What can history teach us about today's markets? A framework for drawing comparisons

Alex King, CFA, Investment Strategy Analyst
Nick Samouilhan, PhD, CFA, FRM, Multi-Asset Strategist
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Allocators often find that current markets “remind them” of some historical period and, on the basis of that similarity, predict what might happen next if history repeats itself. However, what is remembered is often highly subjective and imprecise. We have developed a framework that seeks to address these shortcomings and that we think is very relevant today, as allocators sort through the macro and market uncertainty for clues about the future. 

Defining the market environment
We use a data science technique (Mahalanobis distance) to formally identify the historical periods that are most similar to today’s, based on specified market characteristics. This technique measures the aggregate difference between the characteristics of the current market and those of historical periods, after adjusting for correlation. The characteristics that we use to define the market environment are:

  • Growth vs. value (change)
  • Emerging market vs. developed market (change)
  • Large vs. small cap (change)
  • Gold price (change)
  • US dollar (change)
  • Volatility (VIX level)
  • US yields (level)
  • US yield curve (steepness level)

The top panel in Figure 1 shows how similar (by percent, with 100% being perfectly similar) historical periods are to the current period (second quarter 2022) based on these eight market characteristics. The three periods that are most similar to the current period are the first quarter of 2001 (62% similar), the fourth quarter of 2018 (61% similar), and the fourth quarter of 2008 (53% similar). The three charts at the bottom of Figure 1 look at what drove this similarity by examining each period’s market characteristics.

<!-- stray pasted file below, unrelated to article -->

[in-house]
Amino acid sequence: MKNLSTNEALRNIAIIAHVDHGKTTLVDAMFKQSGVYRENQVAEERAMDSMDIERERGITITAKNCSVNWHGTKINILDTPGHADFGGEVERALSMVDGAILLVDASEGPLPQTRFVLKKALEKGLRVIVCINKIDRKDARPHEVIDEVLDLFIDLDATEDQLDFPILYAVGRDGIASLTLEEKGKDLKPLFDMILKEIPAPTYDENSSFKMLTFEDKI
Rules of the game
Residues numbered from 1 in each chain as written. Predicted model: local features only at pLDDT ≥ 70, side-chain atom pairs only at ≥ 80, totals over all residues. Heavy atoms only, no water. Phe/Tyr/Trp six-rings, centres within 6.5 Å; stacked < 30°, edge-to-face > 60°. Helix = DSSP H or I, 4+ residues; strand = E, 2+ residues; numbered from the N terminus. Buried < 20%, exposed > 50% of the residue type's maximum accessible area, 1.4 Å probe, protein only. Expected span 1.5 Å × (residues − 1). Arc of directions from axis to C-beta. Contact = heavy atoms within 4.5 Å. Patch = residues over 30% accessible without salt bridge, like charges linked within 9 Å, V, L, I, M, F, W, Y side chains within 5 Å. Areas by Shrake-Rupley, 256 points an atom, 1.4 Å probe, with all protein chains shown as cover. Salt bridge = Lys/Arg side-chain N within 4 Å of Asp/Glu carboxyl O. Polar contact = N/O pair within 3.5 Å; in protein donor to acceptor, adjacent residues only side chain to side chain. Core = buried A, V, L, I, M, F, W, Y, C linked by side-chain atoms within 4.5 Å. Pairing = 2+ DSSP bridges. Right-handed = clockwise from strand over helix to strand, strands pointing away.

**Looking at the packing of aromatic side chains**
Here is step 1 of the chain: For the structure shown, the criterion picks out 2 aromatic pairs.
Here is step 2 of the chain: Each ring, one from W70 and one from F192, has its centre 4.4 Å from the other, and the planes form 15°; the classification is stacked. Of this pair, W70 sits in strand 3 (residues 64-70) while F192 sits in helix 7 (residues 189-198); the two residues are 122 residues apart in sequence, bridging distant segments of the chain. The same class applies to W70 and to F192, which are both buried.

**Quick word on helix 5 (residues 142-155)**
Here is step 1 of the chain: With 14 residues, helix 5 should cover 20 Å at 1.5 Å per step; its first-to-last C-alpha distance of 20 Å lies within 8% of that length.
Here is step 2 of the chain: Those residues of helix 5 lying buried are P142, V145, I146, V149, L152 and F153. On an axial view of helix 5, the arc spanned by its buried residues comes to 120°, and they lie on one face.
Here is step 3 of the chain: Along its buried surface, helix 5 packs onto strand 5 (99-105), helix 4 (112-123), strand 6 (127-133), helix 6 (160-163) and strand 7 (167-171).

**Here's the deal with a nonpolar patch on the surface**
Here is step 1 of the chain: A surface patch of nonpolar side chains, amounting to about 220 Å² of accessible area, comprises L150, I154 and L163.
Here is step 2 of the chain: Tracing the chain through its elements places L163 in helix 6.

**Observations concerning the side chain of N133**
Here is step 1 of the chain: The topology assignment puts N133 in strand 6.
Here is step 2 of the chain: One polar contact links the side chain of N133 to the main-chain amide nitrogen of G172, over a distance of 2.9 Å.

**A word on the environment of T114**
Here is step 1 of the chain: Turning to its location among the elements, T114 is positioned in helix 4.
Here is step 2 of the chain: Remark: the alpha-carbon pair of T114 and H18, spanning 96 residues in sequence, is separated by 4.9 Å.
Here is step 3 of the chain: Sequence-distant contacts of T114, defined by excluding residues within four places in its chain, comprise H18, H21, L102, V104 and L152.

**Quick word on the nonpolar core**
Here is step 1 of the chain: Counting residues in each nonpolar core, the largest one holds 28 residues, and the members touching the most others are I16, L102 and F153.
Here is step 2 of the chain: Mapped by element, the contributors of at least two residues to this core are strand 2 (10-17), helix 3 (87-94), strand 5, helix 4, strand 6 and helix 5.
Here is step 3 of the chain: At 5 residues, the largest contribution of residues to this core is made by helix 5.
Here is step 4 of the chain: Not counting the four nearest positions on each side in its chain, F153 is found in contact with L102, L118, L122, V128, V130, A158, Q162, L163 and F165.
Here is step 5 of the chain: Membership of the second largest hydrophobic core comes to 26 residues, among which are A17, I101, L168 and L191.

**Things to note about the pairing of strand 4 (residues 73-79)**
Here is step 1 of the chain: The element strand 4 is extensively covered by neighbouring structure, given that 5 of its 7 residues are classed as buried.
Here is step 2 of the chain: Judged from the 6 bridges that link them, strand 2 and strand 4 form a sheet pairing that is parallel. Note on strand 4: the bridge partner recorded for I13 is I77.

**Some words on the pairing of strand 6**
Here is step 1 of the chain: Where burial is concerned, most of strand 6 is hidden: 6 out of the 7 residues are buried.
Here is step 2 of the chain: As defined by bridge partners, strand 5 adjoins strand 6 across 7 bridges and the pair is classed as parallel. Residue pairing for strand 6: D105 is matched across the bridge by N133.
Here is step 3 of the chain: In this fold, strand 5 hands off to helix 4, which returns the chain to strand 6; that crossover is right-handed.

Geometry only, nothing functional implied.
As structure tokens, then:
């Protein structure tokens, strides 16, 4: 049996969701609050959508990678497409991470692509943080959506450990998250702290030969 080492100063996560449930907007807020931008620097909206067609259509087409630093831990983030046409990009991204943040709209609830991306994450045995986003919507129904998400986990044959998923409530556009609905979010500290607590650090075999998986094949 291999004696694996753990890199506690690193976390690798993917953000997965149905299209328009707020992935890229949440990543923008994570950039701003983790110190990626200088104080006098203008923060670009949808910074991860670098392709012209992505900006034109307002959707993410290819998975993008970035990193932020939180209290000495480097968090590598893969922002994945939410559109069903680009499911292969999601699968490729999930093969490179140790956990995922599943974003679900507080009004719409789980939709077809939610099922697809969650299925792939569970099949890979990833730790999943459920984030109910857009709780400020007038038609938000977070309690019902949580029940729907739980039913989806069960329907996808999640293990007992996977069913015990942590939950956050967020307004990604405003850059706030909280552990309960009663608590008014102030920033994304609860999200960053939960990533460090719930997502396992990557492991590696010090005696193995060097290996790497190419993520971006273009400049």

Figure 1
what can history teach us about todays markets fig1

A closer look at the results
Beyond the quantitative technique, these results also make intuitive sense, as it is easy to draw parallels between these historical periods and today. For example, in both early 2001 and late 2018, markets were worried about a possible recession as a result of the Fed aggressively hiking interest rates. From 2000 to 2001, the Fed was determined to cool the economy following a period with a significantly overvalued stock market, which induced a mild recession starting in March 2001. And just like today, volatility (VIX) was elevated, the yield curve was flat, value stocks and EM stocks were outperforming, and the US dollar was strong. The main difference was the significant outperformance of small-cap stocks that we saw in 2001 coming out of the dot-com crash. Late 2018 also looks very similar to today using this framework: Markets were worried about a slowdown in global economic growth and the possibility that the Fed was raising interest rates too quickly. 

The end of 2008, the third most similar period, was slightly different from the other periods in that a global recession was ongoing and central banks were lowering rates, as evidenced by the yield-curve steepness in the bottom chart in Figure 1. We also saw strong underperformance in EM equities, which is different from what we have seen the last few months.

Once we have identified the most similar periods, we can see what might happen next if history repeats itself (with the usual caveat that history does not guarantee future results!). Figure 2 plots the market returns 12 months after each of these similar periods, and a weighted average based on the level of similarity.

Figure 2
what can history teach us about todays markets fig2

We see that these similar periods were, on average, followed by equity rallies, tighter high-yield credit spreads, and marginally higher bond yields. Following early 2001, the most similar of the three periods, markets spent the next 12 months going sideways. Equities, bond yields, and high-yield credit spreads all ended up close to where they started. This was driven by continued uncertainty over global growth, and the September 2001 terrorist attack in the US. On the other hand, following the 2018 period, we saw a quick rebound in risk assets as the global economic slowdown and Fed policy errors that had been feared did not materialize. In the 12 months following the 2008 period, we also saw huge gains in equities and over 10% tightening in high-yield credit spreads.

So, the question for investors is whether we are likely to see a replay of the 2001 – 2002 challenges, or whether markets find a bottom and can rally from here like we saw following 2018 and 2008.

For more on the current market environment, see our Mid-2022 Investment Outlook.

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